Studies have addressed the possibility of pulp regeneration and the following are some examples from the literature. Baboon pulpal chambers filled with an enriched collagen gel showed no histological difference between the collagen treated teeth and the intact untreated control teeth after 30 days (Fuks et al.). Similarly, using an enriched collagen solution as a capping agent in a canine model resulted in complete pulp regeneration within one month, while the controls remained inflamed. Results of the majority of studies using collagen or collagen-calcium phosphate based scaffolds showed variable responses, ranging from pulpal necrosis to a combination of mineralized and loose connective tissue. Pulpal cells grown in 3-D collagen gels can proliferate over time (Magloire et al., Mooney et al., and Brock et al.). The most recent studies utilizing collagen in or near the pulpal space as a carrier for both cells and cellular mediators reported no necrosis or inflammation. Therefore collagen can be well suited as a matrix if the gel-specific properties and clinical procedures are well controlled. A pulp-dentin like complex has been developed in vivo by utilizing cell transplantation (Young et al, 2005 et al., Tissue Eng. 2005 September-October; 11 9-10: 1599-610). As such, a scaffold system would be ideal for pulp tissue engineering, in order to control the healing process and provide a structural support for pulp regeneration. While pulp cells have been cultured on fiber-based scaffolds (Kaigler and Mooney, 2001; Rutherford, 2001), a gel-like matrix can be more optimal to mimic the ground substance of the pulp tissue, as well as enabling a better custom fit for the pulpal space. Currently, there is no optimal hydrogel-based scaffold for pulp tissue engineering, and methods for maintaining tooth viability and promote pulp repair/regeneration using the tissue engineered scaffold have not been fully explored. The current disclosed subject matter addresses these needs.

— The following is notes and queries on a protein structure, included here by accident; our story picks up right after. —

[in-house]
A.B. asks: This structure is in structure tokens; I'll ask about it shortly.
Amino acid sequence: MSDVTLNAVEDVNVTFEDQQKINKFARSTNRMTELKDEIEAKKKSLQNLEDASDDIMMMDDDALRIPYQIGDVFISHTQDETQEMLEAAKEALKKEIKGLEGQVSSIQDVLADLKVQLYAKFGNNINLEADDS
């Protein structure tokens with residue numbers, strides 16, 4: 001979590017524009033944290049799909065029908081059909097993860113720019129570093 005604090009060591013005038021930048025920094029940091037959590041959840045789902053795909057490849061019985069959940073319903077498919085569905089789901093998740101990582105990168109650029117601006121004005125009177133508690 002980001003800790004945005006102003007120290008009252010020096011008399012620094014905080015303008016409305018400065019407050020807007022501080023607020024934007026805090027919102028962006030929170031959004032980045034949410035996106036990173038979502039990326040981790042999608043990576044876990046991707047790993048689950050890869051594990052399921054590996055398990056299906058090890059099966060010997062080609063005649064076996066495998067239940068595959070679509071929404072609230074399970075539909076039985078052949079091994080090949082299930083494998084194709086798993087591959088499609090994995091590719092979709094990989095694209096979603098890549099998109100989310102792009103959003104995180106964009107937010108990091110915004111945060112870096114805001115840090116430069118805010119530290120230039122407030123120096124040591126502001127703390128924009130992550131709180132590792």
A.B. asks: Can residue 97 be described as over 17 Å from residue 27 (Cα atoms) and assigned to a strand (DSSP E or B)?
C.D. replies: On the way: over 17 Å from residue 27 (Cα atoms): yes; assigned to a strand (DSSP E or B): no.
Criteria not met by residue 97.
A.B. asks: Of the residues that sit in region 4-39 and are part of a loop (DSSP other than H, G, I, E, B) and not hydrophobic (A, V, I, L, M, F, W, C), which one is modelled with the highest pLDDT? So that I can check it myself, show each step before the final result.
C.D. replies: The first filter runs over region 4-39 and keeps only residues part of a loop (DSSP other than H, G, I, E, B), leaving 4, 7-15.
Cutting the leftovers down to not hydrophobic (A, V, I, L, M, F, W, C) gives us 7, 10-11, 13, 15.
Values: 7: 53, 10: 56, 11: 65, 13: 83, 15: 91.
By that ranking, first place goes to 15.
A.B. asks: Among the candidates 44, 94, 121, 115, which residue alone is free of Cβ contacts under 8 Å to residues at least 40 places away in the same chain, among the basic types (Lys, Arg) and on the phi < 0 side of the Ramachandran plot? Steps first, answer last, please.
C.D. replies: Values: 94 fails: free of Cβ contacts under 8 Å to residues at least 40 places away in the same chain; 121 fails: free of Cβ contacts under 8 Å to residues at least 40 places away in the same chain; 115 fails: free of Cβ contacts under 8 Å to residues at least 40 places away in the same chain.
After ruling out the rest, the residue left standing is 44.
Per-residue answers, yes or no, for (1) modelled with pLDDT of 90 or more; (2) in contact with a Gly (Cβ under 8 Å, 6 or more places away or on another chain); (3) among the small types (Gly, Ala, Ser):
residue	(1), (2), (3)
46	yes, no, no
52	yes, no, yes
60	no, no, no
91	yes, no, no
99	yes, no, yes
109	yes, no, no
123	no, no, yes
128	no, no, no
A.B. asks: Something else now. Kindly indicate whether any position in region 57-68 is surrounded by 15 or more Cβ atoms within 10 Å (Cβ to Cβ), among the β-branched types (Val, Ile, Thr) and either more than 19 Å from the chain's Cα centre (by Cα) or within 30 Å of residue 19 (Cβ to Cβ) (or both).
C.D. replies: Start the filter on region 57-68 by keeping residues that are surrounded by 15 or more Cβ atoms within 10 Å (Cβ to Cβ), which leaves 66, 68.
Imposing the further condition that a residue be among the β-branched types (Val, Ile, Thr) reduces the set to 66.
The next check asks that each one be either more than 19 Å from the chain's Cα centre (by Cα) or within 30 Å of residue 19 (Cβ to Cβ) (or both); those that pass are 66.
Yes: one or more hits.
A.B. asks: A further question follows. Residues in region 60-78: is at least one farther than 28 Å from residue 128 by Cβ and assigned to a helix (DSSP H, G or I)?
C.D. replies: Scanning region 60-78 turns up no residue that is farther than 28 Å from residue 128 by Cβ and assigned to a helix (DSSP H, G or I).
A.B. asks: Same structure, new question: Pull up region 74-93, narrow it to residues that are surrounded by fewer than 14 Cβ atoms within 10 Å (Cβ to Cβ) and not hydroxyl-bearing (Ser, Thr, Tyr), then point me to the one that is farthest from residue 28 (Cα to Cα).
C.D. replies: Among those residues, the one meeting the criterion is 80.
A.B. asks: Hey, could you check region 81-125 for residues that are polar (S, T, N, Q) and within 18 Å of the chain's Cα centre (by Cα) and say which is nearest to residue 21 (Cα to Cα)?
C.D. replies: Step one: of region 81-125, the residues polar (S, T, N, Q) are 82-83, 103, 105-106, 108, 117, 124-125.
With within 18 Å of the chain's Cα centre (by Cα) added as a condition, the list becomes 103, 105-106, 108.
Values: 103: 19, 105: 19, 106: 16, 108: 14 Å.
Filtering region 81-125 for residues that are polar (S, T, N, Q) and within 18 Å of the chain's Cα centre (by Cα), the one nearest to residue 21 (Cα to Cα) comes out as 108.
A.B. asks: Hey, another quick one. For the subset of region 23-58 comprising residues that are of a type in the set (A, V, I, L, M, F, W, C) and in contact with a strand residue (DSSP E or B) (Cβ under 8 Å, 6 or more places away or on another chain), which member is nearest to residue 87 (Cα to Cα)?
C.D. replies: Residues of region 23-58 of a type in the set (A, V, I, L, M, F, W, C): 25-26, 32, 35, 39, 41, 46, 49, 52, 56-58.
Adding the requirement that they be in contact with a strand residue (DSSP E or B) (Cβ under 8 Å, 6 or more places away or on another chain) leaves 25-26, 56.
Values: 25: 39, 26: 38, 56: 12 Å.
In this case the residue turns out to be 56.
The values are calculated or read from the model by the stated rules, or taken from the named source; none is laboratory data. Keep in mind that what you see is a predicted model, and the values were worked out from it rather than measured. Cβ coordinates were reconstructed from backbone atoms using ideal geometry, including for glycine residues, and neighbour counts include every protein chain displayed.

SUMMARY OF THE INVENTION

The present disclosed subject matter relates to methods and compositions for restoring a diseased or damaged tooth such that infection is inhibited or eliminated and pulp regeneration is facilitated. In general, the disclosed subject matter encompasses compositions and methods that include 1) a matrix with pulp cells or stem cells that support new tissue formation in the matrix and pulp cell infiltration, 2) the matrix further containing at least one antibiotic incorporated into the matrix, 3) the matrix containing antibiotic, the antibiotic being incorporated into a delivery vehicle such as a degradable polymer-based microsphere, the vehicle being embedded in the matrix, 4) the matrix further containing at least one angiogenic factor that is incorporated into the matrix, 5) the matrix containing at least one angiogenic factor, the angiogenic factor being incorporated into a delivery vehicle such as a degradable polymer-based microsphere, and the vehicle being embedded in the matrix, 6) the matrix containing at least one angiogenic factor, the angiogenic factor being incorporated into a hydrogel, or an aligned degradable polymer-based nanofiber mesh (e.g., PLGA), the mesh being embedded in the matrix.